Agricultural education in America is comparatively new. Previous to 1870 but few colleges of agriculture existed in this country. During the period between 1870 and about 1890, interest was awakened in this field of education. Many of the agricultural colleges graduated their first classes along in the seventies. Excepting a few men who had been trained in chemistry, as applied to agriculture, there were almost no instructors who had received what we now regard as an agricultural education. The instruction known as agricultural, then consisted of lectures on familiar farm practices, frequently supplemented by manual labor on the part of the student. Text books were few, and the preparation of new ones was slow.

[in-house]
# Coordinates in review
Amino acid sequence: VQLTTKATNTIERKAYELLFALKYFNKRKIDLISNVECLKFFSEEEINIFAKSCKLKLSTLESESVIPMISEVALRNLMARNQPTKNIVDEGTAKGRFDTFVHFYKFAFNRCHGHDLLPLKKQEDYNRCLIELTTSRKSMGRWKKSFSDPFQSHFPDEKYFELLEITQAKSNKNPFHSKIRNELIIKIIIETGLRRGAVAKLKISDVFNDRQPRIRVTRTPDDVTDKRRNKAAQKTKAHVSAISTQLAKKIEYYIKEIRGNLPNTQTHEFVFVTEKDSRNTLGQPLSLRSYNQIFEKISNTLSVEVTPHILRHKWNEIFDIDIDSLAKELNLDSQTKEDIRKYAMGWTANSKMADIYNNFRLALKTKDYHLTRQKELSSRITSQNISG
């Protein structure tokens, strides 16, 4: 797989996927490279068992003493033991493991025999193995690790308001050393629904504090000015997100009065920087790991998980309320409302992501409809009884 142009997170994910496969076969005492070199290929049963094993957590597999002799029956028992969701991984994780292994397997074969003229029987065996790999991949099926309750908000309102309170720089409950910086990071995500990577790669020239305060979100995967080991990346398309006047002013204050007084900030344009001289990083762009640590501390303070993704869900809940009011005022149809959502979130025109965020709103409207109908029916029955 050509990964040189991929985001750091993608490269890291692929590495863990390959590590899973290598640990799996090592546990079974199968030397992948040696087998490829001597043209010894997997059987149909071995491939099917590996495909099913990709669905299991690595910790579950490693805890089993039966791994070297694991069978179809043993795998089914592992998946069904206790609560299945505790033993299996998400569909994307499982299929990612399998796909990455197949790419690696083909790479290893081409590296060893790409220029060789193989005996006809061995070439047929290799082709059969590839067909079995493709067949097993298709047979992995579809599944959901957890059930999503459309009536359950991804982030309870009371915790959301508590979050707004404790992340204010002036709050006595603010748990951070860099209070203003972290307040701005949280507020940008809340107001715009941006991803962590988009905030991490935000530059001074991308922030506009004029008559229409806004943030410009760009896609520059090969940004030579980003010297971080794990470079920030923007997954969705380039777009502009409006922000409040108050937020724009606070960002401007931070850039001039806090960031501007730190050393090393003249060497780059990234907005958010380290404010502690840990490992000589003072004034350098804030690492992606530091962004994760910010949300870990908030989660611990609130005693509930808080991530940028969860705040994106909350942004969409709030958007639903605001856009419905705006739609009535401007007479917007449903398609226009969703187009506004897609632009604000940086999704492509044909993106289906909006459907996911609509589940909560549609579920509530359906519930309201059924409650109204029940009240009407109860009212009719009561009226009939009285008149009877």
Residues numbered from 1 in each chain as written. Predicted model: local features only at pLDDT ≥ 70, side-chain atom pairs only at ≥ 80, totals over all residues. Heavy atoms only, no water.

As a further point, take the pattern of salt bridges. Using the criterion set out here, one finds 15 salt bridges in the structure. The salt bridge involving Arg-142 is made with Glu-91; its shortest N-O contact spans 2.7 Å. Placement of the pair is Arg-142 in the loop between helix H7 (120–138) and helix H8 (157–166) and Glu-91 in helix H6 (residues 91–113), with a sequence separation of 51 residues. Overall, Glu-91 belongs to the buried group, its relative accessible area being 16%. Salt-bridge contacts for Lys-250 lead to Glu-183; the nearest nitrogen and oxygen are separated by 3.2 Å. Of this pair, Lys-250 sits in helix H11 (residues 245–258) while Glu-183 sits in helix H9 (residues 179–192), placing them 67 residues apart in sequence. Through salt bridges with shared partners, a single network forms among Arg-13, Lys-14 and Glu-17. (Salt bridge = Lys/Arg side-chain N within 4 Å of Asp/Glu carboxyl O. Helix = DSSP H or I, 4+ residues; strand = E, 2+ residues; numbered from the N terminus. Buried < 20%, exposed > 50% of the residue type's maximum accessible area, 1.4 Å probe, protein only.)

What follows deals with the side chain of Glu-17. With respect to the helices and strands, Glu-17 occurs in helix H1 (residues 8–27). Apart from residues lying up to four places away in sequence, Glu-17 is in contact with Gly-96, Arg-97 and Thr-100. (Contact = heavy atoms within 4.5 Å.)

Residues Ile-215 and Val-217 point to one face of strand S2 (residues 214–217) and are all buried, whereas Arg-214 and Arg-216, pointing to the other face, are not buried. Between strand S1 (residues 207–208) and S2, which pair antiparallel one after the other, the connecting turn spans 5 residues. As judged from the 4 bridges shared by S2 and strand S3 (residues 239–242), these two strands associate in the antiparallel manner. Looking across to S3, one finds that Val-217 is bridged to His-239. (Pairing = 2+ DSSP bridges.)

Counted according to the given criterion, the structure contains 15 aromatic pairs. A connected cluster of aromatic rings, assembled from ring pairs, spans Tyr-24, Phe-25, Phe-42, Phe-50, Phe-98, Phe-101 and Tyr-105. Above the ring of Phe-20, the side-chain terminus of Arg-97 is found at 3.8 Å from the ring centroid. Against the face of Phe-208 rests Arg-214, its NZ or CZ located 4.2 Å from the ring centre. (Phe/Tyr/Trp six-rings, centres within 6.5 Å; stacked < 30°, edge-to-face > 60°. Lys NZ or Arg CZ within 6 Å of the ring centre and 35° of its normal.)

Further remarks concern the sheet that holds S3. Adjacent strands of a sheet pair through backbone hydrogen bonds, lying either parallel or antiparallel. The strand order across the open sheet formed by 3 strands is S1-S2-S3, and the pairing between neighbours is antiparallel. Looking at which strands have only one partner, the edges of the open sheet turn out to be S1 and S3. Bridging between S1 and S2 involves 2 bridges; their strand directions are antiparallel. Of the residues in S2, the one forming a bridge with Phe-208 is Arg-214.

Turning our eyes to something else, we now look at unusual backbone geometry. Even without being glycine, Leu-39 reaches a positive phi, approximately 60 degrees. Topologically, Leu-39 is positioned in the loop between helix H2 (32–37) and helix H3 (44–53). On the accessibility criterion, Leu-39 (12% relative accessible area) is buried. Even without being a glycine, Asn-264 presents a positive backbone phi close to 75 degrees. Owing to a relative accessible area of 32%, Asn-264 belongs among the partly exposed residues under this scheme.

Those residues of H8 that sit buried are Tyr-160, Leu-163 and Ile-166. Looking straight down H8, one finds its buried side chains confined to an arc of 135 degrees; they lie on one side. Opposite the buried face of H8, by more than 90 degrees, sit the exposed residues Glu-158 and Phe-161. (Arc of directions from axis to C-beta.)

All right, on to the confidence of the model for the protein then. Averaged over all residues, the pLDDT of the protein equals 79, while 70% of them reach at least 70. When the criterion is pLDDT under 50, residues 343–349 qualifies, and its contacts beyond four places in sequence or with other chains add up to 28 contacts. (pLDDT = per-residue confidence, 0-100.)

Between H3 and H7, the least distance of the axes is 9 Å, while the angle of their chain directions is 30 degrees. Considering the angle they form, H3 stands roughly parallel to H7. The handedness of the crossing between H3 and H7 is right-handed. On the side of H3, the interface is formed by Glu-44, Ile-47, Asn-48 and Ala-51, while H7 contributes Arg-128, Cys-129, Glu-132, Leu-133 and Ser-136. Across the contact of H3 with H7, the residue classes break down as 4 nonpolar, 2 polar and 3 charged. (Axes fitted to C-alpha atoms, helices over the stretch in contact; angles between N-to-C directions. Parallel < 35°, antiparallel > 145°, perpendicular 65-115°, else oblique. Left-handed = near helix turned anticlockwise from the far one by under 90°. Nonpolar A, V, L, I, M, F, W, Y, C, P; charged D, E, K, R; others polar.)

Agricultural education under these conditions lagged, and how to encourage interest became a serious problem with the colleges. Educators insisted that the teaching should be largely based on pure science, and it was often difficult for the students to see the application.
Recognizing this lack of interest, a few Western colleges conceived the plan of giving short winter courses of a popular nature, in which practical laboratory instruction should be given. Work in dairying, horticulture, and live stock judging first received attention. This practical training was most favorably regarded by the students. These winter courses grew rapidly in popularity, and paved the way for more attractive forms of instruction for the regular students.
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